4 Common Medical Mistakes to Avoid in the Hospital

Medical Mistakes

When we visit a hospital, we expect to get better and for our health to improve. However, this is not always the case because hospital-based mistakes do happen, and when they do, patients get injured or die. Whether it is a patient getting addicted to an opioid due to an overzealous doctor, or infections due to a doctor not observing hygiene protocols, many of these mistakes are avoidable. Here are some of the most common.


Many people do not think falls are a medical mistake, but in some cases, they are. This is because a doctor should assess your risk of falling when admitting you. They should ask you about any drugs you are taking, the circumstances that led to falls in the past, and if you have any diagnosed medical conditions that might make you prone to falling.

If you are at risk, the hospital should provide a cane or walker and ensure your path is always clear in case you would like to get out of bed and walk around.

Antibiotic Misuse

Did you know that over half of all hospital patients are given antibiotics, even in cases where they do not need them? In some cases, patients are given the wrong antibiotics. The overuse of antibiotics or the use of the wrong antibiotic has led to drug-resistant bacteria that are a lot harder to treat. Also, the overuse of antibiotics can interfere with the beneficial bacteria found in your gut, leading to the overgrowth of harmful bacteria.

It is therefore important that you ask a doctor why they are giving you an antibiotic if they want to prescribe one. A physician should prescribe an antibiotic only after confirming the exact type of infection you have.

Opioid Misuse

Opioid misuse is a huge problem around the world. It often stems from poorly written prescriptions, patients seeing different doctors to get multiple prescriptions, or doctors prescribing opioids for all types of pains.  

Although it might be harder to do when in pain, it is important to ask your doctor to prescribe other painkiller classes before turning to the stronger, more addictive opioids. If you are a healthcare provider, it is also important that you protect your patients from drug misuse by ensuring they genuinely need stronger painkillers like opioids before prescribing them.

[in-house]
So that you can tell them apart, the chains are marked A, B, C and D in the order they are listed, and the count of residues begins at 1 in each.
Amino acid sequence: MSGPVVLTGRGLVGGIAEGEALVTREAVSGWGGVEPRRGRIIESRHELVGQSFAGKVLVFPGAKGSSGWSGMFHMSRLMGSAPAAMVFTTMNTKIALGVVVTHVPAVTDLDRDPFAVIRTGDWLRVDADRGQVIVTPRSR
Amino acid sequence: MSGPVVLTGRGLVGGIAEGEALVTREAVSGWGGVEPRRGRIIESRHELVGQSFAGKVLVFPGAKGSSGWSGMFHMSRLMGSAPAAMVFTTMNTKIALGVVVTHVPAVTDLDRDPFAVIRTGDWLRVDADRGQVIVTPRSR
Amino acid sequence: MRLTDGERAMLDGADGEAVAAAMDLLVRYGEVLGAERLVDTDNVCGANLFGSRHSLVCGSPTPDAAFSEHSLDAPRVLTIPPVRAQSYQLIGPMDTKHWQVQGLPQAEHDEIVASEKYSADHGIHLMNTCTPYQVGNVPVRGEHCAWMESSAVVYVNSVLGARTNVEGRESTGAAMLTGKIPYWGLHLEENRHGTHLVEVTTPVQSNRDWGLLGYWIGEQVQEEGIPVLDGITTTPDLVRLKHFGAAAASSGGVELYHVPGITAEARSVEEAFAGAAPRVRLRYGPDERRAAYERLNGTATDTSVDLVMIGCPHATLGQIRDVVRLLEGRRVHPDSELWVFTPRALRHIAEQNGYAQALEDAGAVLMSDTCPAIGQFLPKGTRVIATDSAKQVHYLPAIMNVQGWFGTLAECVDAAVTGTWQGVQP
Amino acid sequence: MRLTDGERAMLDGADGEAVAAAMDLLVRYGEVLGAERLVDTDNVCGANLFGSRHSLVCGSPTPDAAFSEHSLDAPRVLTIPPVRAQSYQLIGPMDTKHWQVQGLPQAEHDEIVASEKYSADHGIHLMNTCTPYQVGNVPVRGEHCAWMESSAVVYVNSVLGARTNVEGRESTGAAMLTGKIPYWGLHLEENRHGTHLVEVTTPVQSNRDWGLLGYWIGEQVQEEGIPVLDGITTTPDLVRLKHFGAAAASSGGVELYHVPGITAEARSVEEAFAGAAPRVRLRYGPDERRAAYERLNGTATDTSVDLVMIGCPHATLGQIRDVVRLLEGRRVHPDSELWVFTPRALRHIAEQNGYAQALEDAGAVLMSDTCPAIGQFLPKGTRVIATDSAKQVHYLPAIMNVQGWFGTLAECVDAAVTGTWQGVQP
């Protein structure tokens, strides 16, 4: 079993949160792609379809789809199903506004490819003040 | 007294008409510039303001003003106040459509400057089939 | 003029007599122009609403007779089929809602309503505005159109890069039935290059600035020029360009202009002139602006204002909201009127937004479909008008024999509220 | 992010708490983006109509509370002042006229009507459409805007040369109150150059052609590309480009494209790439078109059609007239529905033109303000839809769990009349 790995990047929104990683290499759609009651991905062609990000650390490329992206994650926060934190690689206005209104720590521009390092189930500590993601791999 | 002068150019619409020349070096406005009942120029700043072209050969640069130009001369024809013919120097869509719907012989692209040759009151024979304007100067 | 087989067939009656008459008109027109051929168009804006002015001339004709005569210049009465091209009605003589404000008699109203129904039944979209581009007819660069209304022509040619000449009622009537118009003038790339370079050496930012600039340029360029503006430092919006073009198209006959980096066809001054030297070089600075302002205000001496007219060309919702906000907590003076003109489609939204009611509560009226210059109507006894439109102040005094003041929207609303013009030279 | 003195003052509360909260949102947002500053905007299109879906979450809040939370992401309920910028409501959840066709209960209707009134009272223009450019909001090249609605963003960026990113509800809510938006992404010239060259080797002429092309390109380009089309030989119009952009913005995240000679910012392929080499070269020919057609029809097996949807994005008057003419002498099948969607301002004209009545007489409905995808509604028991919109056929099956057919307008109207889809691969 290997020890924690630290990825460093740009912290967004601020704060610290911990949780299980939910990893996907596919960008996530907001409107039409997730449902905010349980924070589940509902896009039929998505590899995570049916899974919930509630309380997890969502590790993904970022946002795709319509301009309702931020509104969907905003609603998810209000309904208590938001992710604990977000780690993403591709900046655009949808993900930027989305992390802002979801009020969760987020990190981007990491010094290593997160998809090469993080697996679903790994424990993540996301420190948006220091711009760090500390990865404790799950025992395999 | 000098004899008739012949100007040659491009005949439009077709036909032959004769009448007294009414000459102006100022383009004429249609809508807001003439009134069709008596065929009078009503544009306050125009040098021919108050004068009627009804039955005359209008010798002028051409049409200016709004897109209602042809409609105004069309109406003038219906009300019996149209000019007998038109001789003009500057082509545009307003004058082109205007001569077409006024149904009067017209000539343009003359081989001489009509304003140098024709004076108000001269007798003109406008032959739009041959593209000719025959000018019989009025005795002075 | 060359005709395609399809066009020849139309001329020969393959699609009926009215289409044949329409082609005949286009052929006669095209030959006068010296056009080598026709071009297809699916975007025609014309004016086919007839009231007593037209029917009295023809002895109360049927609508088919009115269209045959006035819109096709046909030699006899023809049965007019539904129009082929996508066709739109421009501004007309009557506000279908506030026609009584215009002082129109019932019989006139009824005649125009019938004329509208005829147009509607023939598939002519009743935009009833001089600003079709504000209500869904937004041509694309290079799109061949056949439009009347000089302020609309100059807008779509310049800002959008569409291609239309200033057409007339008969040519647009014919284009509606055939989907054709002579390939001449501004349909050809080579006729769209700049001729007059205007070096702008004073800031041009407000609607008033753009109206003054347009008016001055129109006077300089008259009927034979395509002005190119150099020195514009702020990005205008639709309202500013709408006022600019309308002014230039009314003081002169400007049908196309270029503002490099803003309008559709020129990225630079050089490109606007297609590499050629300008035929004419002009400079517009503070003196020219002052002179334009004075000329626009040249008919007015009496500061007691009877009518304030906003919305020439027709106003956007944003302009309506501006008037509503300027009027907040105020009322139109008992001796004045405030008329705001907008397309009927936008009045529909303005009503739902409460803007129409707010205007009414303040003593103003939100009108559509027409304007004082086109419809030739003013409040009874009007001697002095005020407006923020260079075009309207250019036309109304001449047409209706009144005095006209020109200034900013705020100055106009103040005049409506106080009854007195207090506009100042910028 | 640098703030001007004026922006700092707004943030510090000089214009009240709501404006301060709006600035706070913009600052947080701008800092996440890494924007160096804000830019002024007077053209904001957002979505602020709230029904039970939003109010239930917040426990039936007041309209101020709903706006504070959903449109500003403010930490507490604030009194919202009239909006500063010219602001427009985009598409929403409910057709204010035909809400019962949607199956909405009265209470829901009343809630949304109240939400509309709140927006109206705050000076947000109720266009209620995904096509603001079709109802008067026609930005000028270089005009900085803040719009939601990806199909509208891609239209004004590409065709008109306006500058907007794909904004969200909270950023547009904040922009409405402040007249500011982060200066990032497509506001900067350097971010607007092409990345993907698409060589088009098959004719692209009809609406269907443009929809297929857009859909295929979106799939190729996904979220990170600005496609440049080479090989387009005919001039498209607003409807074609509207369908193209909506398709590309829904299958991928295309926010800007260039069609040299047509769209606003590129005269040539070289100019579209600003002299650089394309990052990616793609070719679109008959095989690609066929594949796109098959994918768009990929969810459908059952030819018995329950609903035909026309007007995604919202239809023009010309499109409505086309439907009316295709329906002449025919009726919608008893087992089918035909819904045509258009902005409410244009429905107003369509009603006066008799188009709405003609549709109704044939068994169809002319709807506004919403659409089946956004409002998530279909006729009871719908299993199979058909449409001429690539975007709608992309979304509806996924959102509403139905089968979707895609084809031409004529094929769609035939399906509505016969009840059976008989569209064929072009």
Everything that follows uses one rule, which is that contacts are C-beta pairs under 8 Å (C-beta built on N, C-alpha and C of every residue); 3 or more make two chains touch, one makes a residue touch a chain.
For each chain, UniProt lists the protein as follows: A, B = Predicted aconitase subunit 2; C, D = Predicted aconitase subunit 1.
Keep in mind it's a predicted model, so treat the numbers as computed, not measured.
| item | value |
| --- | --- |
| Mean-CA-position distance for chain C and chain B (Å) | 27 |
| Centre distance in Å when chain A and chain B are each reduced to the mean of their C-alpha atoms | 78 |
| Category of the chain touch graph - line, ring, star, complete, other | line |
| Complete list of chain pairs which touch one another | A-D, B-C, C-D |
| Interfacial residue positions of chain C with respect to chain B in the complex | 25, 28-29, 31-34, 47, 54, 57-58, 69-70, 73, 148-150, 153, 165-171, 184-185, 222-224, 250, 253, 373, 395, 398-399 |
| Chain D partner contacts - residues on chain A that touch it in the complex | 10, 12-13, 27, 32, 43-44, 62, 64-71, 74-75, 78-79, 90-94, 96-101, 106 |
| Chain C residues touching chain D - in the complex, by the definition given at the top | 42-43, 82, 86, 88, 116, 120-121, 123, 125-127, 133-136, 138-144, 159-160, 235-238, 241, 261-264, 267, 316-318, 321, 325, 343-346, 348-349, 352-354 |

Also, try to be conservative with your opioid prescriptions because if not, you might be charged with fraud because this might be seen as an irregular issuance of prescription drugs. If that happens, you should get in touch with a defense law firm immediately. Law firms like the “Healthcare Fraud Group” defend healthcare providers against healthcare fraud and are therefore a great option when facing allegations like these. 


Mix-ups can happen anywhere on the drug administration chain. This chain can include doctors, pharmacists, and nurses, all of whom can make a mistake. To protect yourself, ensure you always know what drugs you are on and should be taking. If you can’t remember, write them down and let the nurse administering the medication know which medication you are on. Also, make them double-check the drugs before administering them to avoid medicine mix-ups.

Medical mistakes happen more often than most of us would like to admit. Ensuring they do not happen is often about being proactive, asking the right questions, and giving your healthcare provider the right information.

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